Tag Archives: Coping with Life

Fear Not!!!

 Text:   Matthew 10:24-39

There is a story about a young man who went off to college with great expectations of success.   After he had been there a month, he sent a note to his father, “Feather in my cap, elected class president”.   Two months later, he sent another note to his father, “Another feather in my cap; accepted into the best fraternity”.   One month later, a third note:   Still another feather in my cap, leading role in class play”.  

One semester later, he sent a note to his brother:  “Flunked out, prepare father.   Tell him to send money for me to get home!”       The brother sent a note back:   “Father prepared.  Prepare yourself.   Father says put those feathers on your shoulders and fly home!”

Obviously the young man was afraid and insecure and was trying to convince  both himself and his father that he was successful by these “feather in the cap” notes—-while, in reality, he was struggling and gripped by feelings of fear of failure.   I often wonder how the story might have been different if he had faced the fear, talked about it with his father, and askd for help and advice.  He might have discovered his father had struggled with the same issues and could have given him help and support.   BUT HE WAS AFRAID TO DO SO!! 

One of the greatest causes of human stupidity in action that leads to wars, and killing,  and chaos and suffering today is Fear.   We are afraid of others.   We are afraid of ourselves.  Being fearful seems to be a national characteristic in our current times in the U.S.    We are afraid of the horrific things happening in the middle east spreading to our country.  Fear was at the heart of the terrible thing that happened in Ferguson, MO recently—-fear the white policeman had of black people—-fear the black teenager had of the police.   And because of that a needless death and resulting chaos,  fed by fear on both sides.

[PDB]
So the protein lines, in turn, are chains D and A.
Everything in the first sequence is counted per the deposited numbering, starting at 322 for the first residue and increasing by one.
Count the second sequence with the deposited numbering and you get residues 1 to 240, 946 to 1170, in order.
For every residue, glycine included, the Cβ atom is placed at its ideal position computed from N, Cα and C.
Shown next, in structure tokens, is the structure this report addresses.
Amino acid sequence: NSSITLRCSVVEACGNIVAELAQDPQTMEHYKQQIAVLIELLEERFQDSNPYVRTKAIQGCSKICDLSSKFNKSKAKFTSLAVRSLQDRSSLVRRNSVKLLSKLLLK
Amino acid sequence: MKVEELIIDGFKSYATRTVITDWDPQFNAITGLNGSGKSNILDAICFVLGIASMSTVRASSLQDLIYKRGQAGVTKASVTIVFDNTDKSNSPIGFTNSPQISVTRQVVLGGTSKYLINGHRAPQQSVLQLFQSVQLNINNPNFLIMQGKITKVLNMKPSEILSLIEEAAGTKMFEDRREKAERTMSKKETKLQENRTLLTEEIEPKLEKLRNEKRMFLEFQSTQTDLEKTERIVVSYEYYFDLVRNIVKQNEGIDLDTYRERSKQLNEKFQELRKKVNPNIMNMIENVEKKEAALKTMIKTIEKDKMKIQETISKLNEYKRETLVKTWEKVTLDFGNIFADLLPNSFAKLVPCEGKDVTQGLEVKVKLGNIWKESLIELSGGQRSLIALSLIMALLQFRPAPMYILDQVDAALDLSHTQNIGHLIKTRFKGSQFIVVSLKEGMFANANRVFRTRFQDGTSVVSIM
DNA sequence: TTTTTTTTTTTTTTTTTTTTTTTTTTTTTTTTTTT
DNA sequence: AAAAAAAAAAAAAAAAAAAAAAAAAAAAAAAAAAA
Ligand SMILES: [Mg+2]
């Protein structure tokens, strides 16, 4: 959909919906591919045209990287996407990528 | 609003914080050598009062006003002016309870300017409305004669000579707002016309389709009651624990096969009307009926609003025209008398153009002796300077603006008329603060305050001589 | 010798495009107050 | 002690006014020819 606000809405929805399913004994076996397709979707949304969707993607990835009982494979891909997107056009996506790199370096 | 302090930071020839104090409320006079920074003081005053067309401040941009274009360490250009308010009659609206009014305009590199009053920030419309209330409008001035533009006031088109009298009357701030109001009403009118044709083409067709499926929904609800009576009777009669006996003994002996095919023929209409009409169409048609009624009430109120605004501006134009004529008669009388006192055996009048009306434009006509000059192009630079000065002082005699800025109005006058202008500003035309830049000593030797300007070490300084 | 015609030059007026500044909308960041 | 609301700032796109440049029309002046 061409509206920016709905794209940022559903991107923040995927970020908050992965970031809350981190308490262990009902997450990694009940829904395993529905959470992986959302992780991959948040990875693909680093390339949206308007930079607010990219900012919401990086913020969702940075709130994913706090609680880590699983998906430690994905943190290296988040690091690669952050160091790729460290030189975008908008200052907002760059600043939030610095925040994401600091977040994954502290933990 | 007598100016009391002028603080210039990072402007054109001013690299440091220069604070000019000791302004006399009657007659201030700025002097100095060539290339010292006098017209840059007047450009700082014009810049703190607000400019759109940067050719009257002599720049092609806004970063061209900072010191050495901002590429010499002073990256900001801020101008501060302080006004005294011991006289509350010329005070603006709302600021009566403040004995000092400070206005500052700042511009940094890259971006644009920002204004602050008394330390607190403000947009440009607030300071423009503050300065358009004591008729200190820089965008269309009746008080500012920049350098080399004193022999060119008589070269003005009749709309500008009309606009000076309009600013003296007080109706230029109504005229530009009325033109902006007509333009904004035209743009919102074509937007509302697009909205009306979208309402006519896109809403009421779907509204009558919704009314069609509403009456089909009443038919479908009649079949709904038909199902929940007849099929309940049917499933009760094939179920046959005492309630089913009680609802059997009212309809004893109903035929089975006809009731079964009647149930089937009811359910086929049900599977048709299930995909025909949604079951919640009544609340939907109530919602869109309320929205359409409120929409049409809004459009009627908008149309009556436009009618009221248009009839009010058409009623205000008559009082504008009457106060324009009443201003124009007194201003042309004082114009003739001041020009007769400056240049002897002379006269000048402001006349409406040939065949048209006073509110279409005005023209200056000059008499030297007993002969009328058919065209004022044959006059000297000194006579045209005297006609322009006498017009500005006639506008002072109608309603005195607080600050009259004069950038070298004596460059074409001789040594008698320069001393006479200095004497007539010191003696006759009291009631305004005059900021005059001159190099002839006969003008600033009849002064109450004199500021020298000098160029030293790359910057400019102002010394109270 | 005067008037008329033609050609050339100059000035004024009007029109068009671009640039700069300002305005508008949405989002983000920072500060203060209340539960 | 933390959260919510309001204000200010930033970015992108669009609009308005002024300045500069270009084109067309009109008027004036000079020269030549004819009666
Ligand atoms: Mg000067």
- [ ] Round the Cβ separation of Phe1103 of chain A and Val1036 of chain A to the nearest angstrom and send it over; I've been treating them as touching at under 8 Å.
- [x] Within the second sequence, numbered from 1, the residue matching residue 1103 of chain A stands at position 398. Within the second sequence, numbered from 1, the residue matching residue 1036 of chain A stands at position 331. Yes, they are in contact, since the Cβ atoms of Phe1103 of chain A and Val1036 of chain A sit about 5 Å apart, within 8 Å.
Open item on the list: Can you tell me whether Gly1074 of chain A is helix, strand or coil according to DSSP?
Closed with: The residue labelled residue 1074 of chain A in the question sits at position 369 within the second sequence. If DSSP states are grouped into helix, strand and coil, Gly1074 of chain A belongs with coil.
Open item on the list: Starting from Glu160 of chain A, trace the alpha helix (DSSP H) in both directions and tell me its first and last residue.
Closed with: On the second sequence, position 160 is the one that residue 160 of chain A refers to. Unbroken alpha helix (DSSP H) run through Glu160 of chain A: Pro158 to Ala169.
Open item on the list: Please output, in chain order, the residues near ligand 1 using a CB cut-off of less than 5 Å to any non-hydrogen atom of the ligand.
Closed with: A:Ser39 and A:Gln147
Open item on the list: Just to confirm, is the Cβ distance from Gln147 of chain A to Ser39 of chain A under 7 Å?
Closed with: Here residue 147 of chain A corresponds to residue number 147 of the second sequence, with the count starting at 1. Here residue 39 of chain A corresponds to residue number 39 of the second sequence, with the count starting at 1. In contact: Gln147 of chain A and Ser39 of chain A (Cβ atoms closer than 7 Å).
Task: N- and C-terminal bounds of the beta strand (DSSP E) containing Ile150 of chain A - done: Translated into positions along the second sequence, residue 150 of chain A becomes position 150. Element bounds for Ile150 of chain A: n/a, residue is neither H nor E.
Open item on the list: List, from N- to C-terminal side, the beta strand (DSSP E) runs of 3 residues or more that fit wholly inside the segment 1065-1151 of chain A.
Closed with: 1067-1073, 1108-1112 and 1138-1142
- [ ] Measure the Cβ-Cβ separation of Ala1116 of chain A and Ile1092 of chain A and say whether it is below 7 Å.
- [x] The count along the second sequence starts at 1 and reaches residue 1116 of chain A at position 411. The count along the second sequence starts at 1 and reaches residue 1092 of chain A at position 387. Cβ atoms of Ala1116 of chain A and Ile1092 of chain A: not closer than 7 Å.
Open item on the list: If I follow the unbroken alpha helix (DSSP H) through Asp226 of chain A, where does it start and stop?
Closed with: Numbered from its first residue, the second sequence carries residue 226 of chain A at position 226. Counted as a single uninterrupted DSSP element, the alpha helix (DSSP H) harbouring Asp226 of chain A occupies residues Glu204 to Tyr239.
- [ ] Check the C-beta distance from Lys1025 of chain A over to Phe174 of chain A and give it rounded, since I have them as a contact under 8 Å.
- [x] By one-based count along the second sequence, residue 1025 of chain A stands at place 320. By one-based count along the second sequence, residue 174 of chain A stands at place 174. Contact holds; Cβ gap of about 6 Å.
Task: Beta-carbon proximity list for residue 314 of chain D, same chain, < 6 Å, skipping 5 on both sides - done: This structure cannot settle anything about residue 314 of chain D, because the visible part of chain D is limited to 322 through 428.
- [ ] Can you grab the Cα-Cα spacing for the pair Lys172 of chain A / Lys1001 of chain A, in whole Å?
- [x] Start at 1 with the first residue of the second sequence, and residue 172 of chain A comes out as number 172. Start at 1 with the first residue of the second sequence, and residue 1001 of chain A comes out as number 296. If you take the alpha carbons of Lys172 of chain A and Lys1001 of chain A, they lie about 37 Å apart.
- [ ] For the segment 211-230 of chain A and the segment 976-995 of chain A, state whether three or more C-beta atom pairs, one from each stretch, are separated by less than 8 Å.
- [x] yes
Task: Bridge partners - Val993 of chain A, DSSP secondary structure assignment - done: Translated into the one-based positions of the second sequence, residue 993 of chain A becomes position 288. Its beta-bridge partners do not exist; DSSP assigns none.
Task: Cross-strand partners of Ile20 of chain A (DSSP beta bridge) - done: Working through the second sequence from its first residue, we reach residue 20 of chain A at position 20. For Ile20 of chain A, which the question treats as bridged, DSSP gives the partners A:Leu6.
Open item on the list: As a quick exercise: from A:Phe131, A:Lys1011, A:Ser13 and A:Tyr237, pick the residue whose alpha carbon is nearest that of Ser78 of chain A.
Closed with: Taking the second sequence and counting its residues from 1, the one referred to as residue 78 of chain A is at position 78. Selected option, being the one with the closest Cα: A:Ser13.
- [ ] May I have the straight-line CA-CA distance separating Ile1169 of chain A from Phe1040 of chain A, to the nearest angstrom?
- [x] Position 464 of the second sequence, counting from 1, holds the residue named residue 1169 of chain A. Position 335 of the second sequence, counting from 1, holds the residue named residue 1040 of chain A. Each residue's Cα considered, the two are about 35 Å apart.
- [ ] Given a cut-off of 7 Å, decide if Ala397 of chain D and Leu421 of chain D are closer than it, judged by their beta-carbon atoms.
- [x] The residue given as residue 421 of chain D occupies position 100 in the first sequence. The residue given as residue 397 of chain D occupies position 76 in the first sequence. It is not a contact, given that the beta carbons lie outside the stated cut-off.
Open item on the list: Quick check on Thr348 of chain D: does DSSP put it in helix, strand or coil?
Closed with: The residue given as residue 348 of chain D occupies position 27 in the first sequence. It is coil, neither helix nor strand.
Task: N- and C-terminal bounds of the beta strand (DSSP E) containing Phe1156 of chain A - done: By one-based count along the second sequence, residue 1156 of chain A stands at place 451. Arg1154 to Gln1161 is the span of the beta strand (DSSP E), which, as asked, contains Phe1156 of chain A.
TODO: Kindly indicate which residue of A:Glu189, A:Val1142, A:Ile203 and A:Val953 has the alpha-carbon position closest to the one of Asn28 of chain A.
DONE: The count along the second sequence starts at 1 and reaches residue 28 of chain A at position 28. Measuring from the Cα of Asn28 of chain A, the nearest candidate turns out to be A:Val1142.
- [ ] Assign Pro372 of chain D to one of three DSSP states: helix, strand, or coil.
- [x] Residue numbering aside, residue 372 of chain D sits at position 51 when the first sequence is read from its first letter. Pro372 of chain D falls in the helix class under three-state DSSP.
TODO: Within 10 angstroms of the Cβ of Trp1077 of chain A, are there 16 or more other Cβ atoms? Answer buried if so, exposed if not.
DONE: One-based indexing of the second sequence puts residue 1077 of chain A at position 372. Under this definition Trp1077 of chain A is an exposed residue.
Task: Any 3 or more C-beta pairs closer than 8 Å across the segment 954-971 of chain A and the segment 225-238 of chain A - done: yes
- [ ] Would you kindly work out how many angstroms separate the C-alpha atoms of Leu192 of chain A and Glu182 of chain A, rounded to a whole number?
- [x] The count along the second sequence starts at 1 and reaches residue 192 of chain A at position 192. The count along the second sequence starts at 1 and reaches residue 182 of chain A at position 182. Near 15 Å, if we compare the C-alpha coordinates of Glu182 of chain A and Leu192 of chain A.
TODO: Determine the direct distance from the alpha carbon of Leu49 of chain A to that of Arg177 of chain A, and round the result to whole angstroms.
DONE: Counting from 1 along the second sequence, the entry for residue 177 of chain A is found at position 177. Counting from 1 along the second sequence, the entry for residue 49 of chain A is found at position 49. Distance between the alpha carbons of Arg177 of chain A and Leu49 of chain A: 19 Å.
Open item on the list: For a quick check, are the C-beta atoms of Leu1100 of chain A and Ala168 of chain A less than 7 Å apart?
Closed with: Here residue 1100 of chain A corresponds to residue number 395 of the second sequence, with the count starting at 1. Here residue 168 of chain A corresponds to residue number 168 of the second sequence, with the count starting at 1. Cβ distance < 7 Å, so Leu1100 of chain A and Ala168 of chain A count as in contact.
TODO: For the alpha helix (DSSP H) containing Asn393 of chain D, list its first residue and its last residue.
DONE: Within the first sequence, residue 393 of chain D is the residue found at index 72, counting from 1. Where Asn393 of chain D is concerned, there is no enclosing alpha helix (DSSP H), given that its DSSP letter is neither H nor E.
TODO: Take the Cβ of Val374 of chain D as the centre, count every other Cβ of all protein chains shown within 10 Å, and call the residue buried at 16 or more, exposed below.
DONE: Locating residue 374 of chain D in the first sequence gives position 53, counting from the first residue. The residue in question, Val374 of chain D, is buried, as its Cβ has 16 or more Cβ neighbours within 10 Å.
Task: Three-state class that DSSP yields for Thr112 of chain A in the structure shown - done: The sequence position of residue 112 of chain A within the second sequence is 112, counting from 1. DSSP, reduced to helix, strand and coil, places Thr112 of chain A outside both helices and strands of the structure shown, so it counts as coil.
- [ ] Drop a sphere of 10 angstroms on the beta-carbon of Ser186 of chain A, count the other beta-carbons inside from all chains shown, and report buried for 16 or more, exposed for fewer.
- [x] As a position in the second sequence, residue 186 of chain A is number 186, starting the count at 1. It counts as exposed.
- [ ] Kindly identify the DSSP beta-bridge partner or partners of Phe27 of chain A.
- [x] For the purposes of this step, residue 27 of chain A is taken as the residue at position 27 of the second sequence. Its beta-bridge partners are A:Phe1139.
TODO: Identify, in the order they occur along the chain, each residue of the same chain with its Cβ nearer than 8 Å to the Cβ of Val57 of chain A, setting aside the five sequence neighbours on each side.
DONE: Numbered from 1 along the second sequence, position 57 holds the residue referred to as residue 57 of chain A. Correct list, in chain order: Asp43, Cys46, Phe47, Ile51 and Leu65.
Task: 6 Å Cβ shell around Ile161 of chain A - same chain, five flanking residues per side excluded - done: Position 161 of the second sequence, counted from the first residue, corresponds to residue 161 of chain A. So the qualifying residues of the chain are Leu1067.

We do live in a frightening world—frightening in many ways.   Pick up your morning paper and read:

Terrorists attack randomly and try to kill as many as possible—over thirty people die at a beach resort in Tunisia, victims of a terrorist.  Attacks and threats are a daily part of our news media reporting.

Mass shootings at schools and public places are increasing greatly—the most recent was the killing of 9 people in Charleston, S.C. at a black A.M.E. Church during a prayer meeting the gunman attended.

Murder—shootings in Wichita seem to happen on a daily basis. 

Drunken drivers that cause death to innocent people

Lying

Cheating

Storms such as tornadoes, floods, hurricanes that destroy homes and lives.

Earthquakes

Also we fear losing jobs,  losing our health insurance, being struck down by cancer or other catastrophic health problems.   We fear for our children’s safety as well as our own, and this fearfulness causes us to teach our kids not to trust anyone they don’t know.   Fear causes us to encase ourselves and our families in a protective shell that  shuts out the rest of society and the world.

Just what is this “Fear”  that we are talking about?   I like Barbara Taylor Brown’s description of it:  “Fear is a small cell with no air in it and no light.  It is suffocating inside and dark.   There is no room to turn around inside it.   You can only face in one direction, but it hardly matters since you cannot see anyhow.   There is no future in the dark.  Everything is over.  Everything is past.   When you are locked up like that, tomorrow is as far away as the moon.”   In other words you cannot open the door from this prison because your FEAR paralyzes you.     If you do anything it might make it worse.  You feel safer to stay where you are even if you cannot breathe and cannot move—-that is how fear feels!

Only faith in God can cancel this kind of fear.  And Brown describes FAITH as:   “More like a rope bridge over a scenic gorge, sturdy but swinging back and forth, with plenty of light and plenty of air but precious little to hold on to except the stories that you have heard that this is the best and the only way across and that it is possible that it will bear your weight.!!